“TikTok Claims US Ban Unavoidable Unless Law Is Blocked by Court Order”

FILE PHOTO: U.S. flag is placed on a TikTok logo in this illustration taken March 20, 2024. REUTERS/Dado Ruvic/Illustration/File Photo

On Thursday, TikTok and its Chinese parent company ByteDance requested a U.S. court to invalidate a law they claim will lead to the ban of the popular video-sharing app in the United States by January 19. They argue that the U.S. government has not participated in meaningful settlement discussions since 2022.

The legislation, signed by President Joe Biden in April, mandates ByteDance to divest TikTok’s U.S. operations by the specified date or face a ban affecting the app’s 170 million American users. ByteDance contends that divesting TikTok is not feasible technically, commercially, or legally.

The U.S. Court of Appeals for the District of Columbia is set to hear oral arguments on September 16 regarding the lawsuits filed by TikTok, ByteDance, and several TikTok users. The future of TikTok in the U.S. may hinge on this case, which will also test the U.S. government’s newly acquired powers to regulate foreign-owned applications.

ByteDance and TikTok argue that the law represents a significant shift from America’s tradition of supporting an open internet, suggesting it sets a precedent that allows political bodies to target and potentially shut down platforms they find unfavorable.

The legislation was quickly passed by Congress due to concerns that China could potentially access or misuse data collected from American users via the app.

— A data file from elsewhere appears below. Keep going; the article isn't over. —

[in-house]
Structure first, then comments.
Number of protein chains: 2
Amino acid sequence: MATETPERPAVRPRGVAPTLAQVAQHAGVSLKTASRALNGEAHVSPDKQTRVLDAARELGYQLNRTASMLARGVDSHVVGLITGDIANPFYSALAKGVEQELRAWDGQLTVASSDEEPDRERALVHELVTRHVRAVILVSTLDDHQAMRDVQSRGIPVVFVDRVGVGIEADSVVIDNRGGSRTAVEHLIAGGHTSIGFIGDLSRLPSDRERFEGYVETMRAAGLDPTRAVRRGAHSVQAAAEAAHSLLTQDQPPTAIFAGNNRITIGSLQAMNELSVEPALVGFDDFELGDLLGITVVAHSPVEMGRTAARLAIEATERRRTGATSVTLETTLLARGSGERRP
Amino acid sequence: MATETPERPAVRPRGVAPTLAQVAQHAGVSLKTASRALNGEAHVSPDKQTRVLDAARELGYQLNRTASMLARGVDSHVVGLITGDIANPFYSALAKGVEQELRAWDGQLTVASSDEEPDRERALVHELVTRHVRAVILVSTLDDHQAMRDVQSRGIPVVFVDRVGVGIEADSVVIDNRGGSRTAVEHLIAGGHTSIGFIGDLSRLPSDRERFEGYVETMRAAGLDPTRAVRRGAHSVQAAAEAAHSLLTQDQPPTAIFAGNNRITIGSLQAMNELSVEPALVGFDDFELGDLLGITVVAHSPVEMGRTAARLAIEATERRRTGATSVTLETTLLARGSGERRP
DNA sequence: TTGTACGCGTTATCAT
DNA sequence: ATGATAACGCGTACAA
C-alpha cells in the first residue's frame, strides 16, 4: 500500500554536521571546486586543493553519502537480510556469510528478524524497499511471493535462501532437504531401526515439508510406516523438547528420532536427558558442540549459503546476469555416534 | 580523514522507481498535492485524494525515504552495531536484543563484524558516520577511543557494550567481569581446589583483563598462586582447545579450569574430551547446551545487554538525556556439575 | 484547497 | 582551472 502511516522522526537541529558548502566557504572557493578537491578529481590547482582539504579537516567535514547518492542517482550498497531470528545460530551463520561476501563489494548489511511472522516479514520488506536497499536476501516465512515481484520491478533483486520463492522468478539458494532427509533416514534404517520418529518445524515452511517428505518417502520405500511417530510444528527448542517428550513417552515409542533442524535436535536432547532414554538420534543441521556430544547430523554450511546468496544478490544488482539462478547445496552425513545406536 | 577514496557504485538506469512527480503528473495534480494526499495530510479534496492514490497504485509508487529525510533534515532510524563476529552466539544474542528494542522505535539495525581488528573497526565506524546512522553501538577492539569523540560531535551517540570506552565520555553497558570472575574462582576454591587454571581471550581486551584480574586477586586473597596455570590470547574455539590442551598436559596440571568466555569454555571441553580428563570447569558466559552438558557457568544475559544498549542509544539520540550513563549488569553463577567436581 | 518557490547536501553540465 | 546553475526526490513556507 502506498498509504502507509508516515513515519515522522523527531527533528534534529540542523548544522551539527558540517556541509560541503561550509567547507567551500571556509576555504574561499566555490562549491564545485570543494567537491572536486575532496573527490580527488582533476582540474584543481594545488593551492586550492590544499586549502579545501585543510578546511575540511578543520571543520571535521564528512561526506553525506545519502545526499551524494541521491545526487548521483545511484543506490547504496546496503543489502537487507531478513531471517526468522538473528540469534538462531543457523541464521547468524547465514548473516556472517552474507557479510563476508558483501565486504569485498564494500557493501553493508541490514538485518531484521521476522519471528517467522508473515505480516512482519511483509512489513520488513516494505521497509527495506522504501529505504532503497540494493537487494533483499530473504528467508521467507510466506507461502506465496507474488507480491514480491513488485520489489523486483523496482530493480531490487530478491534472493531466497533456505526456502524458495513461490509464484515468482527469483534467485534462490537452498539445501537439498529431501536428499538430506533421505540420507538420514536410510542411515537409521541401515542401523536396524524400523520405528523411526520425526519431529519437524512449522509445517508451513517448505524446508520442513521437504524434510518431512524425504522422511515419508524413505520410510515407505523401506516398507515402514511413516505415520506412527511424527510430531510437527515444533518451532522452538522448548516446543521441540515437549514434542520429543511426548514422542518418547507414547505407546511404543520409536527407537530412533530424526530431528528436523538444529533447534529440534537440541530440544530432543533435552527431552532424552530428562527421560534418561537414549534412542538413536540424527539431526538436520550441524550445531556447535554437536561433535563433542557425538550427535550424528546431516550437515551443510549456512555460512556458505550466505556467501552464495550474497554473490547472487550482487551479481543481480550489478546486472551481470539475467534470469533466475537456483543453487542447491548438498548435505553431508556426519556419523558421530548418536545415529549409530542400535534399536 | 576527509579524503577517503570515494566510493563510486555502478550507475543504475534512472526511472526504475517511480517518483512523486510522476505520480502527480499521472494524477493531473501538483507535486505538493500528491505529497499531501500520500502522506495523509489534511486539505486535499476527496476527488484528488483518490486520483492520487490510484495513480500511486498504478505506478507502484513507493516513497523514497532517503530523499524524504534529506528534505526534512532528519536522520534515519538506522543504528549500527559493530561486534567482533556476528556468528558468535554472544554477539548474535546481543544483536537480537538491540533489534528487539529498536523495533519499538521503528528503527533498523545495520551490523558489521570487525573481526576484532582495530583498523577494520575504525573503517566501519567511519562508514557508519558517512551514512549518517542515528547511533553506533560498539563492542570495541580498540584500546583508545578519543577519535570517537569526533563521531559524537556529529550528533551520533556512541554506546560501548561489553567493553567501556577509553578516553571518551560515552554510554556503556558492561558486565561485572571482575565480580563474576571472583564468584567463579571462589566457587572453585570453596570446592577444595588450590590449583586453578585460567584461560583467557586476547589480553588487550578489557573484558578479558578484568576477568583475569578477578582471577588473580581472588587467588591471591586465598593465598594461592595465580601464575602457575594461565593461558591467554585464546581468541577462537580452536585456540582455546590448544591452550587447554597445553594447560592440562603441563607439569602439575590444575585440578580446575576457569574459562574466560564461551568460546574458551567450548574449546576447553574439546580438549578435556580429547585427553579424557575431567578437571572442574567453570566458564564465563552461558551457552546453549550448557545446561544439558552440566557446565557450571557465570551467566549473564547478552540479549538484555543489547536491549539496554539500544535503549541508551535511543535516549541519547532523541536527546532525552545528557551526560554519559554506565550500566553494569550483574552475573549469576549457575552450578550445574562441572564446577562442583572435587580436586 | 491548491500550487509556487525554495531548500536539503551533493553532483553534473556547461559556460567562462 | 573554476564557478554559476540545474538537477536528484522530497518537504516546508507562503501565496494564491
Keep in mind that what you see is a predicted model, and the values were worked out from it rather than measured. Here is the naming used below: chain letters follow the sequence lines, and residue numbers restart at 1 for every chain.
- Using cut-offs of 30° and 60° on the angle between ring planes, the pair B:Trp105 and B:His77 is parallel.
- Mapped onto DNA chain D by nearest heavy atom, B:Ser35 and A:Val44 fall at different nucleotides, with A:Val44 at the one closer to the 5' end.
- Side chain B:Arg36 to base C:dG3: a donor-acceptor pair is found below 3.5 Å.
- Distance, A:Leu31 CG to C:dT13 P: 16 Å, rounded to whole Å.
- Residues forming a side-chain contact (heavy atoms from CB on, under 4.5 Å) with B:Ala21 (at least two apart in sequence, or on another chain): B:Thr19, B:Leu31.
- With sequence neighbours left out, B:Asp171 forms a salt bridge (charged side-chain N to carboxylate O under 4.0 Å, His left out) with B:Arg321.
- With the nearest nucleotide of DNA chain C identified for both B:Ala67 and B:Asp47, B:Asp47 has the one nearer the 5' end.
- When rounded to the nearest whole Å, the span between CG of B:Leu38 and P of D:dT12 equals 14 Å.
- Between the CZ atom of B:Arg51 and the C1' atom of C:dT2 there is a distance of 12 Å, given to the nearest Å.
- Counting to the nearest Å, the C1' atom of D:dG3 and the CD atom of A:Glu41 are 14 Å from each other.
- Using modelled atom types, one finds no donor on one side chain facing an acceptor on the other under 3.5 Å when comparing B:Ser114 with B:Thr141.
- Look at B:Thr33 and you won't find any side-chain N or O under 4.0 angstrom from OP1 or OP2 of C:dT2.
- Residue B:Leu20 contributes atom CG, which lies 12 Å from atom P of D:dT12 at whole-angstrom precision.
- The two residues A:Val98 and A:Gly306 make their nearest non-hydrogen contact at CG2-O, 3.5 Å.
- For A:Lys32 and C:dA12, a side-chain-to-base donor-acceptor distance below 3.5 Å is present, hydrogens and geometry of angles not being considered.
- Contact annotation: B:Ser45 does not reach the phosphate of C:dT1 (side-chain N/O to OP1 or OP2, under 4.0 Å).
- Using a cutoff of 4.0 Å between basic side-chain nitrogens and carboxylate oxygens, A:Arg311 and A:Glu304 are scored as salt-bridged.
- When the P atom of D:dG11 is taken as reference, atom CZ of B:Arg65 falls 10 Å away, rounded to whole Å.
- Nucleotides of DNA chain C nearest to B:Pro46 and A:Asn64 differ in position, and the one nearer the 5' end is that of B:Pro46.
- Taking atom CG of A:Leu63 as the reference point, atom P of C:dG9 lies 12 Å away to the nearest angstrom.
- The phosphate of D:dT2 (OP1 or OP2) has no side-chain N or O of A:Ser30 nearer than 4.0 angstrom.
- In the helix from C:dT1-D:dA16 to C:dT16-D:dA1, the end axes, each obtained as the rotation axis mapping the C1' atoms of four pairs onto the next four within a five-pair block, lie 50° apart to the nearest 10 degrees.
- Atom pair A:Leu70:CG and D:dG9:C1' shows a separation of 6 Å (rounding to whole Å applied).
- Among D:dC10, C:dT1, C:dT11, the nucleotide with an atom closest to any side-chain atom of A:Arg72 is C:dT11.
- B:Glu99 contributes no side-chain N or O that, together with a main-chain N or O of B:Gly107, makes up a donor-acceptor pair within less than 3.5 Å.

A group of TikTok users also filed a lawsuit claiming the ban infringes on their free speech rights. They argue that the absence of immediate national security threats is evident since the law permits TikTok to operate until the end of the year, a critical period including an election.

TikTok maintains that any divestiture or separation would be a prolonged process, contradicting the essence of free speech rights in America. It also highlights the law’s selective targeting of TikTok, overlooking other apps with substantial operations in China that gather extensive U.S. user data.

ByteDance disclosed that after lengthy discussions, negotiations with the U.S. government ceased unexpectedly in August 2022. The company has publicly shared a redacted version of a draft national security agreement that aimed to safeguard U.S. TikTok user data, revealing an investment of over $2 billion in these efforts.

The proposed agreement allowed the U.S. government a “kill switch” to deactivate TikTok if it failed to comply, and demanded the relocation of TikTok’s source code out of China.

In response to a cease in negotiations, TikTok’s legal team expressed in a communication to the Justice Department that the administration seemed to prefer shutting down TikTok rather than pursuing a feasible solution through an enforceable agreement to protect U.S. users.

The Justice Department declined to comment on the communication but affirmed last month that the legislation addresses national security concerns in a manner consistent with constitutional rights, including the First Amendment, and plans to defend the law in court.

Historically, similar attempts by former President Donald Trump to ban TikTok and WeChat were blocked by the courts. Despite ongoing concerns over national security, the White House prefers ending Chinese-based ownership of TikTok rather than an outright ban. Interestingly, Trump has joined TikTok earlier this month, raising eyebrows about his stance on the potential ban.

The law restricts app stores like Apple and Google from offering TikTok and prevents internet hosting services from supporting the app unless ByteDance divests it.

Lucas Falcão

International Politics and Sports Specialist, Chief Editor of Walerts with extensive experience in breaking news.

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